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Author: Vanessa Ngan, Staff Writer, 2003.
Extramammary Paget disease of the skin is a rare intraepithelial cancer characterised by a chronic eczema-like rash around the axillae or anogenital regions of males and females. Under the microscope, extramammary Paget disease looks very similar to the more common mammary Paget disease that occurs on the breast.
Extramammary Paget disease most commonly occurs in the vulva of women aged between 50–60 years. It can also affect the axilla and the anogenital area in males of similar age. It has been observed that it is more common in Asians than in Europeans and very rare in African-Americans.
Extramammary Paget disease of the skin has been classified into several subtypes.
Sometimes the extramammary Paget disease has been present for 10–15 years before evidence of underlying cancer or metastases appears.
The most common symptom of extramammary Paget disease of the skin is mild to intense itching of a lesion found around the groin, genitalia, perineum or perianal area. Pain and bleeding may occur from scratching lesions that have been around for a long time. Thickened plaques may form that can become red, scaly and crusty.
Extramammary Paget disease
In women, the most common area involved is the vulva. First symptoms are usually itching and burning of one or more persistent plaques. These may spread to the labia, mons pubis, vagina and thighs. Perianal lesions may extend up into the anal canal.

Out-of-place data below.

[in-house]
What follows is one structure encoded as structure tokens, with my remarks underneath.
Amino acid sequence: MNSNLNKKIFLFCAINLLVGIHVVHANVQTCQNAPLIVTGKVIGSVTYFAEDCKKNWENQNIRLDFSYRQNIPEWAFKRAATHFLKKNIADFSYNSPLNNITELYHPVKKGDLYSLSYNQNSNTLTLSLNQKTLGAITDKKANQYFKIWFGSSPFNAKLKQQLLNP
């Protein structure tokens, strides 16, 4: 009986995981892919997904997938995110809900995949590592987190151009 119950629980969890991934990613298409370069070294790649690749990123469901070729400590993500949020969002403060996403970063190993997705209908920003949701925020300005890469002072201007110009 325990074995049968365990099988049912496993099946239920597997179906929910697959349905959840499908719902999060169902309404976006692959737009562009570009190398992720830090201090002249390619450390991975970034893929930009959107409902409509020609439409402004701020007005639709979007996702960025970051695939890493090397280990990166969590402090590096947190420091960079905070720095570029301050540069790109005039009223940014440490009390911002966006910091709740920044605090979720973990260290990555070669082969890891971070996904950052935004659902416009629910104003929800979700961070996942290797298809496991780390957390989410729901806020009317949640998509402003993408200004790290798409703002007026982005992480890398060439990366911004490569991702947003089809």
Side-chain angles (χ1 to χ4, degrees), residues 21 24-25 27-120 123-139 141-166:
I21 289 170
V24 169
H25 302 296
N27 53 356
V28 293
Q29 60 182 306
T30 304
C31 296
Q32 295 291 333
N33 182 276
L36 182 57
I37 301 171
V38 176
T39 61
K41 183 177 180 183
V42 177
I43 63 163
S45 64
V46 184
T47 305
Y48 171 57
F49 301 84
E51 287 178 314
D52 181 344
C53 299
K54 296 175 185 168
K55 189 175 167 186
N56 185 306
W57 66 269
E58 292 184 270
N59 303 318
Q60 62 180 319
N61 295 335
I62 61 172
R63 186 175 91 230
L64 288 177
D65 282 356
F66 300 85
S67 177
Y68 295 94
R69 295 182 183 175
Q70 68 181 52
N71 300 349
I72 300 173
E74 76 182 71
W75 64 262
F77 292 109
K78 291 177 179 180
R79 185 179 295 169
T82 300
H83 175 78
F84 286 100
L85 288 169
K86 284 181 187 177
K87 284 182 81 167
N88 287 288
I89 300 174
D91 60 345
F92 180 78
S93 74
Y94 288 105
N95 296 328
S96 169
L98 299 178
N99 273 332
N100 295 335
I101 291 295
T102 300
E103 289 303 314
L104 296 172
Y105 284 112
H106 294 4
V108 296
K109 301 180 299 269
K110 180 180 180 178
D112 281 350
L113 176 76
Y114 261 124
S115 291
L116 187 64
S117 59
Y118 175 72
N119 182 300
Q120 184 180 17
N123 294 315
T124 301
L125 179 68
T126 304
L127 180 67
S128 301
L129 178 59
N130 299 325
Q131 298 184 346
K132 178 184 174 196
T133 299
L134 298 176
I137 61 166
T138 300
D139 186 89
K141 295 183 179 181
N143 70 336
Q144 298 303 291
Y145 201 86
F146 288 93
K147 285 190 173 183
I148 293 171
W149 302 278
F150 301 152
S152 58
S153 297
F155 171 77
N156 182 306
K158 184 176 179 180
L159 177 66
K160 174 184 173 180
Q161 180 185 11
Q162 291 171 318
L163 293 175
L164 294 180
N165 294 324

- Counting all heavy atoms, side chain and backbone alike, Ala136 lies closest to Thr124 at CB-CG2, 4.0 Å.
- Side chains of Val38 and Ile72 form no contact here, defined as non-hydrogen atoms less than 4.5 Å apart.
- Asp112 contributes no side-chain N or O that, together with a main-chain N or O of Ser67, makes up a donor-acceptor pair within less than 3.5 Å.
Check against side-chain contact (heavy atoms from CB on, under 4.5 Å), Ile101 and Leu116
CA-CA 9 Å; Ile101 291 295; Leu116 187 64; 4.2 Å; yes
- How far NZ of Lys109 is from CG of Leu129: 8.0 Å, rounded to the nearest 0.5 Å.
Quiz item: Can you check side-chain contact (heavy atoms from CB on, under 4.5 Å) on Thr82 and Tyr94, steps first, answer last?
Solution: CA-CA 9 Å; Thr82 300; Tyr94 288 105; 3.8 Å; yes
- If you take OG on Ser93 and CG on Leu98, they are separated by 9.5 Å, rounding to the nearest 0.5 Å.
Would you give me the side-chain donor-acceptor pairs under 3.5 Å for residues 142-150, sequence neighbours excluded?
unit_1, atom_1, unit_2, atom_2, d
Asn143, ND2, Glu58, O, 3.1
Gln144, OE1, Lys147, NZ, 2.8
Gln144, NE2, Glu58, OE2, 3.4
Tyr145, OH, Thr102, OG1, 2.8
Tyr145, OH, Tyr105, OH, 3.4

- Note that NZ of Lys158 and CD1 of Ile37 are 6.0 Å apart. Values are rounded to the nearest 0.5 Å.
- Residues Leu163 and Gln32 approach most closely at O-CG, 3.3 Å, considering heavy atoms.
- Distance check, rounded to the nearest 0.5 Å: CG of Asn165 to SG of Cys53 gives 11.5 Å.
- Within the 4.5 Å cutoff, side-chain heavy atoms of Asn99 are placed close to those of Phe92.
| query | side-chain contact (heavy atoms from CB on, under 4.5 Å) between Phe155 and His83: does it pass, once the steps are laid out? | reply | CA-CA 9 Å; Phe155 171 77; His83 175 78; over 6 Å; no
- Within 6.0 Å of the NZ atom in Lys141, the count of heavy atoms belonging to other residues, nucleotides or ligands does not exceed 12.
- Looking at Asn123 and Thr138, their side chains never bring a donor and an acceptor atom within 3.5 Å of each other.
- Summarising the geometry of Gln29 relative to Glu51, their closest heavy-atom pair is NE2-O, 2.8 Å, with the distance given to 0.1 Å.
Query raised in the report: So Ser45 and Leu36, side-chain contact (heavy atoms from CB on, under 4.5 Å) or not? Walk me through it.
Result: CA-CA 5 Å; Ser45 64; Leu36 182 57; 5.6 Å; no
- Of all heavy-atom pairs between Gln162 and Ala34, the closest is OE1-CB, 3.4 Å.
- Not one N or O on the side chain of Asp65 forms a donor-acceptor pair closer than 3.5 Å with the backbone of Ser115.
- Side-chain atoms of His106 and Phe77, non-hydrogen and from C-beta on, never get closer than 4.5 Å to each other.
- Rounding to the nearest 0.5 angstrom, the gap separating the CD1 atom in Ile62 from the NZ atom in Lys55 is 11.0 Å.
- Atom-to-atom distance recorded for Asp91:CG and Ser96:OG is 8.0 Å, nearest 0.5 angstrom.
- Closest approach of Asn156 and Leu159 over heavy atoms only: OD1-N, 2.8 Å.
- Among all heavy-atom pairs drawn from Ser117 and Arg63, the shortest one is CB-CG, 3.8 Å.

In men, the most common area is the scrotum followed by perianal disease, penis, and groin.
The axilla is a rare site for extramammary Paget disease of the skin.
The location of extramammary Paget disease is useful in predicting the risk of associated cancer. For example, 25–35% of extramammary Paget disease arising near the anus is associated with an underlying colorectal cancer.
Skin biopsy of the lesion is performed to get an accurate diagnosis of extramammary Paget disease as there are several other genital skin diseases that may appear similar. Under microscopy, the presence of Paget cells along with other histological findings confirms the diagnosis. Special stains may be necessary to distinguish Paget disease from early melanoma (melanoma in situ). See extramammary Paget disease pathology.
Further tests may include:
Wide local excision, vulvectomy, or if available, margin-controlled surgical excision (Mohs micrographic surgery) is the standard treatment for extramammary Paget disease. Paraffin sections are preferred over frozen sections. The margin is sometimes difficult to define when lesions are spread sporadically throughout the anogenital region. Reconstruction may require skin grafting or flap repair.
Recurrence is common (30–50%), so patients should be re-examined every three months after surgery for the next two years, after which annual follow-ups are recommended. Recurrence generally leads to further surgery.
Non-surgical treatments for recurrent disease may include:
Paget disease has low mortality. Prognosis is worse if there is underlying cancer, the patient is over 70 years of age, and the Paget disease is located in the anal region.
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